Local biscuits get two paws up

Jan. 25, 2014 @ 10:15 AM

At the South Durham Farmers’ Market, not only can you stock up on good-for-you fruits and vegetables, you can also purchase healthy, handmade treats for that special furry someone in your life. Each Saturday, market-goers can visit Good Grace’s Dog Treats and select from an array of wholesome biscuits displayed in a handsome array of glass jars.

Blair McKinney and Lisa Small, owners of Good Grace’s, started baking their own dog treats three years ago for their very lucky Australian Cattle Dog, McGee. Disappointed with the quality of existing dog biscuits, they sought to make treats without any preservatives or additives from human-grade natural ingredients.

They researched canine nutrition to guide recipe development and shared the resulting biscuits with the dogs of friends and coworkers. The dogs wolfed them down and, before long, Blair was coming home from work with order requests; a business was born.  They decided to name it after Blair’s influential and supportive grandmother who passed away just as the business was taking off.

When I called Lisa and Blair for this article, Lisa was working on a new treat she called ‘Blue Suede Shoes’ made from antioxidant rich blueberries, garbanzo beans, eggs and cinnamon.  This new biscuit will be a gluten and grain-free addition to their line of 16 flavors.

They explained that all of their ingredients are selected for their health benefits. For example, the fish oil in their “Say Cheese” treats promotes a healthy coat and eases symptoms associated with arthritis. The flax seed in ”Red Rover” strengthens bones, and the dried cranberries in “Bark Bark” help to regulate the urinary tract. Good Grace’s offers several grain-free treats (a common allergen for pups), and their gluten-free treats are very popular among owners who are highly allergic to gluten but still desiring to treat their best friend.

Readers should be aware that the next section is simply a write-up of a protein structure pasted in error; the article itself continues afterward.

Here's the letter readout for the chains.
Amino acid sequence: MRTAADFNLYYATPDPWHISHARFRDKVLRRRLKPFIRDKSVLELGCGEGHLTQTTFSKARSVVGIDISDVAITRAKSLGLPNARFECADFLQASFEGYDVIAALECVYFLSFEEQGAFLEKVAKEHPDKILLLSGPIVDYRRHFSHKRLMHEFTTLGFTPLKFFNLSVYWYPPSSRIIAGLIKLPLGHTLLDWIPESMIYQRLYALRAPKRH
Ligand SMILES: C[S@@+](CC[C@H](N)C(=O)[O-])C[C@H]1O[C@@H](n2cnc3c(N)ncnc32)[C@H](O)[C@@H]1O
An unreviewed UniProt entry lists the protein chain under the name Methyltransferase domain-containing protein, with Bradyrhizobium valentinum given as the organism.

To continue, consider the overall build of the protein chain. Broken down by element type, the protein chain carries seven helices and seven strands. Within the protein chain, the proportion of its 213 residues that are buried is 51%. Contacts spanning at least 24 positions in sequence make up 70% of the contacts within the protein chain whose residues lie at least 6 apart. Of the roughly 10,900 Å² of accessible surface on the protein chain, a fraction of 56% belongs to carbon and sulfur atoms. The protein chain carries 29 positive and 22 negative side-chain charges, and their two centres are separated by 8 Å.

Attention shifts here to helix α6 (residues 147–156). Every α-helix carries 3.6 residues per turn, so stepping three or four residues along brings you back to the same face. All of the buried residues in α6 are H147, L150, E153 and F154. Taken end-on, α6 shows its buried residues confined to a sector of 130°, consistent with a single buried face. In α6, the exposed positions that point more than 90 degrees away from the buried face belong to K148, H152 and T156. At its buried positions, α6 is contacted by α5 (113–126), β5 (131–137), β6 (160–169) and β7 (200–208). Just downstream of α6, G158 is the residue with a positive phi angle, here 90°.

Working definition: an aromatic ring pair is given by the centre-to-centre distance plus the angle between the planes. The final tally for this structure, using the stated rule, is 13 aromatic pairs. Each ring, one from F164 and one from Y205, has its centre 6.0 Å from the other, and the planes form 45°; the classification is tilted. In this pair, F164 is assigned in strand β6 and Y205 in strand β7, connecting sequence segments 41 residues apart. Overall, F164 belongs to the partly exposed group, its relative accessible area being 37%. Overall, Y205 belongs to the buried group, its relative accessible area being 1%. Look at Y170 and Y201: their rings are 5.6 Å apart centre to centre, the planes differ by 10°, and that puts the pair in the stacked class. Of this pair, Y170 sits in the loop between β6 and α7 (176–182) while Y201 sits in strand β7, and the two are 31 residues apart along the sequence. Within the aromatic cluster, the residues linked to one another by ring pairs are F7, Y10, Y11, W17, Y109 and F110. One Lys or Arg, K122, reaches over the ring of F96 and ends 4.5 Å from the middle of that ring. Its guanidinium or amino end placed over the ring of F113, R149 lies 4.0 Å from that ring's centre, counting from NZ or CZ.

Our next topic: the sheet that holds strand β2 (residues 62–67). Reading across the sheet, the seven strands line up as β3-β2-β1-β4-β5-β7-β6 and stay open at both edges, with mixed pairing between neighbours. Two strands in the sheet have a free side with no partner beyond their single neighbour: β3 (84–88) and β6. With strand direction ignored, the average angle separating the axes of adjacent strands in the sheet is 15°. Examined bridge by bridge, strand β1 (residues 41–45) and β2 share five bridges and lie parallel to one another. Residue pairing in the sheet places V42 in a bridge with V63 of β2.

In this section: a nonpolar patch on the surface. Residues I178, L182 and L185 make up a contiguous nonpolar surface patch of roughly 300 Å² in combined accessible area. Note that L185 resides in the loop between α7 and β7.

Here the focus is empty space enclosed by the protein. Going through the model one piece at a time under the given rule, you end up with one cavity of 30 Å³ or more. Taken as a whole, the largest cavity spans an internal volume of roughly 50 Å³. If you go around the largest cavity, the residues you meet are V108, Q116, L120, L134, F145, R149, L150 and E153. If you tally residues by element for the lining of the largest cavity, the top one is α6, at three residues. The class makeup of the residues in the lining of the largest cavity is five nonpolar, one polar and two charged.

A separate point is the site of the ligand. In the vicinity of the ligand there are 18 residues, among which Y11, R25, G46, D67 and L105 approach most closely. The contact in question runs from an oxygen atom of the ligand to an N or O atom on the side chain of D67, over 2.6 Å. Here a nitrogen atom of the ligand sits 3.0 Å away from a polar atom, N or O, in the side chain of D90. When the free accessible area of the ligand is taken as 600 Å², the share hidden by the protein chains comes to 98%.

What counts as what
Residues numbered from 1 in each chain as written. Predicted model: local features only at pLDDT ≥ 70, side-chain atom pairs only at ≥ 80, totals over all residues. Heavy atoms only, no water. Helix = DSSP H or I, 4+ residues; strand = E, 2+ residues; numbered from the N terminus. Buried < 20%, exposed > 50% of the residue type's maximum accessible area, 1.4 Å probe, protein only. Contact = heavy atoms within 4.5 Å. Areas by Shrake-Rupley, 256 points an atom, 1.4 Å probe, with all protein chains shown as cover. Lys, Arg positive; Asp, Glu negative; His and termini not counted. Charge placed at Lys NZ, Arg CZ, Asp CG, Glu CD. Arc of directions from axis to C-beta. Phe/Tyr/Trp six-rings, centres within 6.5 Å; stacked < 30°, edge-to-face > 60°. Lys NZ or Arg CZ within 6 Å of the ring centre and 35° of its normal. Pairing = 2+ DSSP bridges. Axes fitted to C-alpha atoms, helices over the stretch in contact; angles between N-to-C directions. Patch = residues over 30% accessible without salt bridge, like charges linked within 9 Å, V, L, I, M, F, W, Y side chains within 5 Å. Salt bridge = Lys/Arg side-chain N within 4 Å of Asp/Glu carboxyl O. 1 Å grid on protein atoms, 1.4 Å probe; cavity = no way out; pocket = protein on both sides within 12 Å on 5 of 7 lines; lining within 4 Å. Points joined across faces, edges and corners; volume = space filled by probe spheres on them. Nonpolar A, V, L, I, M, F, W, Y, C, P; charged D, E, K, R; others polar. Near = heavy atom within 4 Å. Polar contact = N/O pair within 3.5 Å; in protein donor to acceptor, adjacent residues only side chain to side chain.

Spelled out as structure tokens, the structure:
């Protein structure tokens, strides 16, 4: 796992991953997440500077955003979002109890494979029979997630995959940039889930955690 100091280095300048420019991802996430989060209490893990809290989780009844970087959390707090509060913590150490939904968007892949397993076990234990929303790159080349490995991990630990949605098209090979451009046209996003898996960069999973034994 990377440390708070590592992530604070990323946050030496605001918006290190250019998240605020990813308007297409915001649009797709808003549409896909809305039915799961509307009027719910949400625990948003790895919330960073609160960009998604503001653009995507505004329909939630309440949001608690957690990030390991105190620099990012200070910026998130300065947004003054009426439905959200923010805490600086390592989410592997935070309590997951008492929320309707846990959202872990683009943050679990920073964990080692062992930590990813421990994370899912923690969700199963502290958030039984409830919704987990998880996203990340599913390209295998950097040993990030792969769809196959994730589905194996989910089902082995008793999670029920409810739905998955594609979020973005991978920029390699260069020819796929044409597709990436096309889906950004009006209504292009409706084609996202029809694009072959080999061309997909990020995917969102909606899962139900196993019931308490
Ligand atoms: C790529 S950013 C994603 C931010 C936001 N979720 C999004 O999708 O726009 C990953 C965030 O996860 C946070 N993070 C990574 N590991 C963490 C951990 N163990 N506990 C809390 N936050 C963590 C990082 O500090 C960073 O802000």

Lisa and Blair experiment constantly to create the tastiest and most nutritious canine cookies possible. On their journey to dog-cookie perfection, they have already retired and replaced seven flavors with new and improved versions. McGee has been joined by Shelby, another Australian Cattle Dog, as a professional taste-tester. Also, the neighborhood dogs don’t mind providing feedback during the research and development phase. “Once a treat gets two paws up, it goes to market,” said Blair.

They operate entirely out of their home in Cary. Their kitchen has turned into a bakery, and their dining room houses three commercial dehydrators and two refrigerators. Their tools are the same as any pastry chef’s: rolling pins, cookie cutters, piping bags and molds.  Once baked, the treats spend eight hours in the dehydrators (a process which significantly extends their lifespan) before going into the refrigerator. If kept in the refrigerator, the treats will last at least 3 months.

In addition to selling at farmers’ markets, Good Grace’s Dog Treats now has a free delivery subscription service with varying levels of frequency (a CSA for dogs!). They also sell mixed-flavor bags, allowing you to try out several varieties at once. Our own dogs, Leila and Helo, are partial to the “Eat Your Carrots” and “P, B and Yay” treats.

Visit them at market, and you will be greeted by a friendly woman in a shirt that says, “Sit Happens.” And, with treats this good, a trained “sit” might indeed just happen.

Elizabeth Zander is market manager for the South Durham Farmers’ Market, which in winter is open 9 a.m. noon each Saturday at Greenwood Commons Shopping Center, 5410 NC Highway 55.